General Information

Frequently Asked Questions

Sappinia is a free-living ameba (a single-celled living organism) found in the environment. There are two known species of Sappinia: Sappinia diploidea and Sappinia pedata 1-4. This ameba causes amebic encephalitis, which is an infection of the brain. This infection is similar to those caused by other free-living amebas, such as Naegleria fowleri, Balamuthia mandrillaris, and Acanthamoeba 5,6.

Only one case of amebic encephalitis due to Sappinia infection has been reported worldwide. In 1998, a healthy 38-year-old man from Texas was diagnosed with an infection caused by Sappinia diploidea 4,7,8. Recently, however, this infection was reidentified as being caused by Sappinia pedata 9.Although the patient was hospitalized, he survived without any long-term consequences 7,8.

Multiple cows eating grass.

Sappinia can be found in places where farm animals eat.

Sappinia can be found around the world 1,5. It is usually found in:

  • Elk and buffalo feces
  • Places where farm animals are known to eat
  • Soil containing rotting plants
  • Fresh water sources 2-3,5-7

It is believed that the person in Texas who became ill with amebic encephalitis due to Sappinia was infected through contact with animal feces on his farm in Texas 7,8.

It is thought that Sappinia may enter the body through the nose or via cuts and bruises on the body 5-8. In the only known case , the patient had signs of a sinus infection before developing symptoms of amebic encephalitis 2,5.

There are no reported cases of the spread of Sappinia spreading from one person to another. All free-living amebas can live and multiply in the open environment without entering a human or animal host.

Symptoms of a Sappinia infection include:

  • Headache
  • Sensitivity to light
  • Nausea or upset stomach
  • Vomiting
  • Blurry vision
  • Loss of consciousness

A scan of the one infected patient’s brain also revealed a 2-centimeter tumor-like mass on the back left section of his brain 2-6.

Treatment for the one identified case of Sappinia infection included the removal of a tumor in the brain and a series of drugs given to the patient after surgery. This treatment lead to the patient’s full recovery 7,8.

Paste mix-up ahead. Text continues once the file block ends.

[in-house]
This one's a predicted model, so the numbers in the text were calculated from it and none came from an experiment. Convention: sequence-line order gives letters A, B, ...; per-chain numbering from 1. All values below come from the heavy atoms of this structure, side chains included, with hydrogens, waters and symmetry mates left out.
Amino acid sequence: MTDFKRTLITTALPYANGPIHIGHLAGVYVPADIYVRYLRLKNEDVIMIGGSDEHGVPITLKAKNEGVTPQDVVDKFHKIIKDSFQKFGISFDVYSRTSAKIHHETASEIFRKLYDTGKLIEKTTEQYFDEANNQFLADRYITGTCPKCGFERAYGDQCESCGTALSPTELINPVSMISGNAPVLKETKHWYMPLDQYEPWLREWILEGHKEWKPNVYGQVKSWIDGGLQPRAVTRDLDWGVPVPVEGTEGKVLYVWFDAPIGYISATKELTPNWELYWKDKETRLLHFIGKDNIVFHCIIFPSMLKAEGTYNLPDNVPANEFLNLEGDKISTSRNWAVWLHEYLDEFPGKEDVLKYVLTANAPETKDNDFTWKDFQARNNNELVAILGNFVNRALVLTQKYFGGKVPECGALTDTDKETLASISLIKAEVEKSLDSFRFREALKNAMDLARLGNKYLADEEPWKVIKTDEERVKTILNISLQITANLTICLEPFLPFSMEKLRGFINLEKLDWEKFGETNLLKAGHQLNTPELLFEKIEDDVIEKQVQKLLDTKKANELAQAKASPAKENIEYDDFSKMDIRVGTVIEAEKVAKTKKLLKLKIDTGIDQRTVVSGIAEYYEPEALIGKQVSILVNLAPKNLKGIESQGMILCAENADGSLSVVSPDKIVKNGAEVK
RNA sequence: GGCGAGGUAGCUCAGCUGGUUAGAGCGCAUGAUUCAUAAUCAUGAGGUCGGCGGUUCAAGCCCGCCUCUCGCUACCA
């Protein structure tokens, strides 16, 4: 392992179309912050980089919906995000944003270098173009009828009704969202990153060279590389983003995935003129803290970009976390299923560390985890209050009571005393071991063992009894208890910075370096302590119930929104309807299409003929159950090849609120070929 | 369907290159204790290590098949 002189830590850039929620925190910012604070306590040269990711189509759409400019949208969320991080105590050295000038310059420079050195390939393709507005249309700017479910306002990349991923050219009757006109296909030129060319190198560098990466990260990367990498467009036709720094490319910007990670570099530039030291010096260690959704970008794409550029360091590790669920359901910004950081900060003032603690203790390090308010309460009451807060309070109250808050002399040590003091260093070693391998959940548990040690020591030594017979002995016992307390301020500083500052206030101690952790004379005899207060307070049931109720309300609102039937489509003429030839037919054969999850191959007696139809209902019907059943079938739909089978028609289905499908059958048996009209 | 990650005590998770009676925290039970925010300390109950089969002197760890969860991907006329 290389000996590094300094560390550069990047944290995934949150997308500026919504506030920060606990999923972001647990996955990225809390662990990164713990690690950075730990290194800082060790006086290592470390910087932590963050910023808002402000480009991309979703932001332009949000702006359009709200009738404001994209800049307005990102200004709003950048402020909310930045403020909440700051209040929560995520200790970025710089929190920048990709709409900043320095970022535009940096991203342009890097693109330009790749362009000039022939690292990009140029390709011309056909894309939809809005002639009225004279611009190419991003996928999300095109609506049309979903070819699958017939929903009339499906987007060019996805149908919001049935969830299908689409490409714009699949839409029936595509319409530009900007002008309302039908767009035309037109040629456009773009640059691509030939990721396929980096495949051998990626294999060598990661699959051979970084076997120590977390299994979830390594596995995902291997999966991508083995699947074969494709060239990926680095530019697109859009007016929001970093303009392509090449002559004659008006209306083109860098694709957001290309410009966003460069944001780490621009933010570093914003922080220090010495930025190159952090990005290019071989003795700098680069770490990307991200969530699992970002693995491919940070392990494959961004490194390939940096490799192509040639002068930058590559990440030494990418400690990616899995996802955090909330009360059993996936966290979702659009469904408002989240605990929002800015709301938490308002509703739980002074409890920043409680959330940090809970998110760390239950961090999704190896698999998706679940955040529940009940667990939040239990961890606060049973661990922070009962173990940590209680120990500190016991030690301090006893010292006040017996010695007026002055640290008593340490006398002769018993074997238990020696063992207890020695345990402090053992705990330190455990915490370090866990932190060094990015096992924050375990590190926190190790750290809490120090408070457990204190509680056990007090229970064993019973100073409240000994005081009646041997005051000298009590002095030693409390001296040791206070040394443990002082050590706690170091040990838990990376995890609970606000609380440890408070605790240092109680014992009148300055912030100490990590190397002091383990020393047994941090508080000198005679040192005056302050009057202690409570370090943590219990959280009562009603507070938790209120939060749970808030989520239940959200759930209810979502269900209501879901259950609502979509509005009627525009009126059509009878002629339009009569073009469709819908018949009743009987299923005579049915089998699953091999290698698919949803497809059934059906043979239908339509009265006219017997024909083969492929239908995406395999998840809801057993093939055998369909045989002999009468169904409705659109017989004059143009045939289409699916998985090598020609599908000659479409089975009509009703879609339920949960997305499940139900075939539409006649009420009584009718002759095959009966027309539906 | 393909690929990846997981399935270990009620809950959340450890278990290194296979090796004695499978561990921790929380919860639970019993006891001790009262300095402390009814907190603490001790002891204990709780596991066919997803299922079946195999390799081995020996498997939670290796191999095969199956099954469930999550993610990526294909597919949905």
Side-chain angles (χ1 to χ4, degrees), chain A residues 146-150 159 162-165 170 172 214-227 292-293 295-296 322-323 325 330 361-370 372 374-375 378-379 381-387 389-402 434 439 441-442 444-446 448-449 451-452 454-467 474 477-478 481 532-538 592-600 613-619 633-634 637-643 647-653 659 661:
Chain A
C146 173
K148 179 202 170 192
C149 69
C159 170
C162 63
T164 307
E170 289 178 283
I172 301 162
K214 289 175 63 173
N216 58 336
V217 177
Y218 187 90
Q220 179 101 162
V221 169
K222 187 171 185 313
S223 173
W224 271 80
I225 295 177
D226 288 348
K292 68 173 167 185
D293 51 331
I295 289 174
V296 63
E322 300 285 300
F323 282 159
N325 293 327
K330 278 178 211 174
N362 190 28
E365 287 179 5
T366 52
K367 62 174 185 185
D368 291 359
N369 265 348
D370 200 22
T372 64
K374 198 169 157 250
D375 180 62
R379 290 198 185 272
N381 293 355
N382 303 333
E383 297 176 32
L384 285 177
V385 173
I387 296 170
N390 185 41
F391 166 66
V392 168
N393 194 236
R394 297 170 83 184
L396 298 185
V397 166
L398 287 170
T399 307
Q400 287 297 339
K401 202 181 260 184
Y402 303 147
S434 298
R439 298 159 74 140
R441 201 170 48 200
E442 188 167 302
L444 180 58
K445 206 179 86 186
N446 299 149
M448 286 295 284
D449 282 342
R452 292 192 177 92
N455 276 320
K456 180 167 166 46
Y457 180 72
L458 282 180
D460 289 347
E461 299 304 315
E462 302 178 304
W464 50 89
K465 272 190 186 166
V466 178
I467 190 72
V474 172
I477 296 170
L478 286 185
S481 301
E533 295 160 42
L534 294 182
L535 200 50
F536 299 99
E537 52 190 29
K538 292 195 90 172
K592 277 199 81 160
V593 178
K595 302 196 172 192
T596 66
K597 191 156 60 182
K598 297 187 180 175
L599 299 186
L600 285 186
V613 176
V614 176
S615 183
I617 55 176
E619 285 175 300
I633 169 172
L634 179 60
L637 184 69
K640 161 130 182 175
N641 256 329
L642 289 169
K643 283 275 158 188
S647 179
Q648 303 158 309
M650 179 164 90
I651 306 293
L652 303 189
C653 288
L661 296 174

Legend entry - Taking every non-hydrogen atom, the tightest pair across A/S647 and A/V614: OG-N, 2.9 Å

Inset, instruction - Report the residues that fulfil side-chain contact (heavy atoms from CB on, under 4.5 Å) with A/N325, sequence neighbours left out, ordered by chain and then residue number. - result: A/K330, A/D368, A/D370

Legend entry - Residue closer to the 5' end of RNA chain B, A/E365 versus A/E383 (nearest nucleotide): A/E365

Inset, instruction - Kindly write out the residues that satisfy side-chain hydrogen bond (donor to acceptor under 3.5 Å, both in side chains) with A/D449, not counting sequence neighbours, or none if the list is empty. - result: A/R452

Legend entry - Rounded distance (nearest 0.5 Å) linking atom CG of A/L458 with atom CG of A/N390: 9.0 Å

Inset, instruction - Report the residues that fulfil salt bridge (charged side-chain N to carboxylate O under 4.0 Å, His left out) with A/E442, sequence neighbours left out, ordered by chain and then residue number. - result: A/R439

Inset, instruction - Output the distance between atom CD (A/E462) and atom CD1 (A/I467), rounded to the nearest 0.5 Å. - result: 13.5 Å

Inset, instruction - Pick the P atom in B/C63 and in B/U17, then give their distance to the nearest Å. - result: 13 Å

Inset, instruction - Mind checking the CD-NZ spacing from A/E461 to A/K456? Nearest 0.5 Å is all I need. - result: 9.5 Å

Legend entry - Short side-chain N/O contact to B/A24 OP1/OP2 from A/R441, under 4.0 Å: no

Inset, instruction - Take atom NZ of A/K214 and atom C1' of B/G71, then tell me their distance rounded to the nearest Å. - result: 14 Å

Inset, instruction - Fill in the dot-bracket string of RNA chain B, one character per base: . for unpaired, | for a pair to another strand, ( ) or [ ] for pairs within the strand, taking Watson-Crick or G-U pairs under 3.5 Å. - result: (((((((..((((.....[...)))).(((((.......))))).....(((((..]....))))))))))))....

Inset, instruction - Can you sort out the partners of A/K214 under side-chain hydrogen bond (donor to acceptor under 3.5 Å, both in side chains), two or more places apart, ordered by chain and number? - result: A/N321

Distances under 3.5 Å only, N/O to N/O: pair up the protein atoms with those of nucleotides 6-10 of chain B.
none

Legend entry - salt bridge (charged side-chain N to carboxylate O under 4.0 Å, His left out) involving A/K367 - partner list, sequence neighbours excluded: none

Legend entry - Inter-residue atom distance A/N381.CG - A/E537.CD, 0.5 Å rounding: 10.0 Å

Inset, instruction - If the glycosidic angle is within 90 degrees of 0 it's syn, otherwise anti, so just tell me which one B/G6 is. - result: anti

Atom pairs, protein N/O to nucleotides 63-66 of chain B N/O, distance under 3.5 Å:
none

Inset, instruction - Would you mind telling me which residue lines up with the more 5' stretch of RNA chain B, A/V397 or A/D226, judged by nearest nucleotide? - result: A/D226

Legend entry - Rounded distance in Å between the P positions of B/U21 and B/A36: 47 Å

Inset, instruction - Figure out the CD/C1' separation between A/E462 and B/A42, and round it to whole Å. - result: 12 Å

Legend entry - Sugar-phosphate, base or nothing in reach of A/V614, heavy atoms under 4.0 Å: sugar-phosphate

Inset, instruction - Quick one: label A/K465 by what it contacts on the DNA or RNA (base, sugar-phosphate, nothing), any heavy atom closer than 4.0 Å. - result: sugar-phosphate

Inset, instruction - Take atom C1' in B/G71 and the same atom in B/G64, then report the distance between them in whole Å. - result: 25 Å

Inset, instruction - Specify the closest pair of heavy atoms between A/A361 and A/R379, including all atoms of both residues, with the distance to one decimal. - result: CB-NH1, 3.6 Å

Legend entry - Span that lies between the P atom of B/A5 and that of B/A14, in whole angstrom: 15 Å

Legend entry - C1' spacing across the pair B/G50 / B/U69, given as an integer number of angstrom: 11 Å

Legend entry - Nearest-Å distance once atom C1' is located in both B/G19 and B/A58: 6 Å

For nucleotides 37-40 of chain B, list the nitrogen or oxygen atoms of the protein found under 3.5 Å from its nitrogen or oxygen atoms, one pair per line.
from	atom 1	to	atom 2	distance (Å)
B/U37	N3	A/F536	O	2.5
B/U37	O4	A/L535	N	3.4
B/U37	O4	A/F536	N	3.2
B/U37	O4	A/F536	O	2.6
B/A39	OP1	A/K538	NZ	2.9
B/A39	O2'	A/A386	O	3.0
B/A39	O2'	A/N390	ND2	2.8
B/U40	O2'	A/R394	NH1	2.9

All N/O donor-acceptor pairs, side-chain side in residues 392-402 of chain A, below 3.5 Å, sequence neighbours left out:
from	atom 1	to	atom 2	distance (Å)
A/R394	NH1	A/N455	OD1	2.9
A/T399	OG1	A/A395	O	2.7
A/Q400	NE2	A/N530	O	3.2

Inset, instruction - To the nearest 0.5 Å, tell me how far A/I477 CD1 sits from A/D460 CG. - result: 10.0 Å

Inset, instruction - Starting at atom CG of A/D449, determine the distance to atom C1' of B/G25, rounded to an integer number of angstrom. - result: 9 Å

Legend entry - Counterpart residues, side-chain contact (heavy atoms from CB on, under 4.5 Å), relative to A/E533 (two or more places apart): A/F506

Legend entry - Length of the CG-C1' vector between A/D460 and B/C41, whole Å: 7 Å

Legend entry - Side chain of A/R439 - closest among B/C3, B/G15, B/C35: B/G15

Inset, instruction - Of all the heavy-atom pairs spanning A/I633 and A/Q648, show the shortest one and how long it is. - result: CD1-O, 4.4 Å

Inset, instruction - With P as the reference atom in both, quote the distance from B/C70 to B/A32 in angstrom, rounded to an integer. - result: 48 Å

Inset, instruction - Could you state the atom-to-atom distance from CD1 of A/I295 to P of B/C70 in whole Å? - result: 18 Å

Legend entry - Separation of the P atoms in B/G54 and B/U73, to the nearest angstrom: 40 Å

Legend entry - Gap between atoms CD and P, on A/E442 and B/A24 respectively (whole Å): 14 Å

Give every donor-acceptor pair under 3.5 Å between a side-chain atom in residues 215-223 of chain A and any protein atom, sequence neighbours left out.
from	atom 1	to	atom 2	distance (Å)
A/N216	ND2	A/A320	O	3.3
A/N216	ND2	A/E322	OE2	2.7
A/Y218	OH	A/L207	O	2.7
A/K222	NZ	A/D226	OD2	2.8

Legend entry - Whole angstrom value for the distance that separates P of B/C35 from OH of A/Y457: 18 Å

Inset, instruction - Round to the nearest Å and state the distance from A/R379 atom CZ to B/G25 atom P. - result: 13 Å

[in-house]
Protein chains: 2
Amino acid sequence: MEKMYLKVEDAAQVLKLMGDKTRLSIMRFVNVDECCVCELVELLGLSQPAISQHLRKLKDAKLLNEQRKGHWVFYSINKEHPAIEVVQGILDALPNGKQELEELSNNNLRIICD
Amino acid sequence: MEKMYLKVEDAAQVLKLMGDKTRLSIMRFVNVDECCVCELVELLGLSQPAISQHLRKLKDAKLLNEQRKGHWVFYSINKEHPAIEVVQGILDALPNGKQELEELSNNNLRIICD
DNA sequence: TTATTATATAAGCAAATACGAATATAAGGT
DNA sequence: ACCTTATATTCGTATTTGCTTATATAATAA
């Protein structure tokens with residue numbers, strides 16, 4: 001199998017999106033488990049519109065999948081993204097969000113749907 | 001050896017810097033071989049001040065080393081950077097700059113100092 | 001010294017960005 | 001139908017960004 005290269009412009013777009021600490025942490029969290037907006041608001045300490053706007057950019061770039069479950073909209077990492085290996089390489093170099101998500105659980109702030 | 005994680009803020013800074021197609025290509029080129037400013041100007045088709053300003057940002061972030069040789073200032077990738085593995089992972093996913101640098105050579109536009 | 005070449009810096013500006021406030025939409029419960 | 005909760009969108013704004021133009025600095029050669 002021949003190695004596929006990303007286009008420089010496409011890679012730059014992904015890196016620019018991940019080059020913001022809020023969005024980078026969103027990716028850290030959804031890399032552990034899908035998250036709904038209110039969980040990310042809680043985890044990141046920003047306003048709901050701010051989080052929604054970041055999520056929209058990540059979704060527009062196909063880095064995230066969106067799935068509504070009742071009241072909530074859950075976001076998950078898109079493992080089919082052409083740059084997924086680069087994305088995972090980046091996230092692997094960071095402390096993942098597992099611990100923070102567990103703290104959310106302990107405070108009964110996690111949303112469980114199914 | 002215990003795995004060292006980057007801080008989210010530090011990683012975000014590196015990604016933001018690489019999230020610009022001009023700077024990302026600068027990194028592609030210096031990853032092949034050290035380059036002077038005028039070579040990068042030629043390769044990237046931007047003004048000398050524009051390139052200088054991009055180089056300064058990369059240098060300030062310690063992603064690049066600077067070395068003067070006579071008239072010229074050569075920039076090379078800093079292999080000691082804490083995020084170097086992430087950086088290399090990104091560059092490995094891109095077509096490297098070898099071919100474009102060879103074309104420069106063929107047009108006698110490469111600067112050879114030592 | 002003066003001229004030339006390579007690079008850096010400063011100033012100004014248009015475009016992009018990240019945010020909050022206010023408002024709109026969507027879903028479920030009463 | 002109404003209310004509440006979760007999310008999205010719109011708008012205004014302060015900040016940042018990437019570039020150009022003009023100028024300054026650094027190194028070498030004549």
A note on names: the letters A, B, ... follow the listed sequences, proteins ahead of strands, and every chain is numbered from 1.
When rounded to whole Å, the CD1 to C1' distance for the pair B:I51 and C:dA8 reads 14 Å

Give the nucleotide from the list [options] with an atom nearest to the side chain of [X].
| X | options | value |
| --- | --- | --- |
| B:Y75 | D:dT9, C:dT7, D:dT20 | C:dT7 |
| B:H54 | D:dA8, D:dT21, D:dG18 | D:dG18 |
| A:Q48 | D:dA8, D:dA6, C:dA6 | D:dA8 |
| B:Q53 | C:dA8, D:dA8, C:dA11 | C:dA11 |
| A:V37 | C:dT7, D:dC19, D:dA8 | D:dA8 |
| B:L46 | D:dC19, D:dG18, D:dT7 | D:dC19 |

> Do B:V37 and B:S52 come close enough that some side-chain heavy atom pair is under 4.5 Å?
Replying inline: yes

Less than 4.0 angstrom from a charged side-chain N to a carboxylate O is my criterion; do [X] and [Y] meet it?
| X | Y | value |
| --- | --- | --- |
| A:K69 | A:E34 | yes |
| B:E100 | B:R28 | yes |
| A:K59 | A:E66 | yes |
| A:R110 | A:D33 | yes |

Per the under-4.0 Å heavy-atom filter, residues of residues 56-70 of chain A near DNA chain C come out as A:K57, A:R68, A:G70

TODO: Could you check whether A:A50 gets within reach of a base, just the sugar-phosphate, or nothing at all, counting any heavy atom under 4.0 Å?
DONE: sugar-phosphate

Upon examination of the tumor tissue samples, scientists at the Centers for Disease Control and Prevention (CDC) determined that the species of free-living ameba that caused the infection was Sappinia 7.

Sappinia can infect anyone. However, individuals with weakened immune systems and people who have contact with animal feces (poop) are at a higher risk for infection. A weakened immune system may be the result of AIDS, cancer, liver disease, diabetes mellitus, or drugs used after an organ transplant.

It is likely that most cases of Sappinia infection are not reported because the ameba is hard to identify.

Infections that involve the brain can be fatal and are often diagnosed late in the disease process; however, amebic encephalitis due to Sappinia was not fatal in the only patient identified so far 9.

  1. Walochnik, J., C. Wylezich, and R. Michel, The genus Sappinia: History, phylogeny and medical relevance. Exp Parasitol, 2009.
  2. Brown, M.W., F.W. Spiegel, and J.D. Silberman, Amoeba at attention: phylogenetic affinity of Sappinia pedata. J Eukaryot Microbiol, 2007. 54(6): p. 511-9.
  3. Wylezich, C., Walochnik J, Michel, R, High genetic diversity of Sappinia-like strains (Amoebozoa, Thecamoebidae) revealed by SSU rRNA investigations. Parasitol Res, 2009. 105:869–873.
  4. Page, F.C. A new key to freshwater and soil Gymnamoebae with instructions for culture. Culture Collection of algae and protozoa, Freshwater Biological Association, 1988.
  5. Visvesvara, G.S., H. Moura, and F.L. Schuster, Pathogenic and opportunistic free-living amoebae: Acanthamoeba spp., Balamuthia mandrillaris, Naegleria fowleri, and Sappinia diploidea. FEMS Immunol Med Microbiol, 2007. 50(1): p. 1-26.
  6. da Rocha-Azevedo, B., H.B. Tanowitz, and F. Marciano-Cabral, Diagnosis of infections caused by pathogenic free-living amoebae. Interdiscip Perspect Infect Dis, 2009: p. 251-406.
  7. Gelman, B.B., et al., Amoebic encephalitis due to Sappinia diploidea. JAMA, 2001. 285(19): p. 2450-1.
  8. Gelman, B.B., et al., Neuropathological and ultrastructural features of amebic encephalitis caused by Sappinia diploidea. J Neuropathol Exp Neurol, 2003. 62(10): p. 990-8.
  9. Qvarnstrom, Y., et al., Molecular confirmation of Sappinia pedata as a causative agent of amoebic encephalitis. J Infect Dis, 2009. 199(8): p. 1139-42.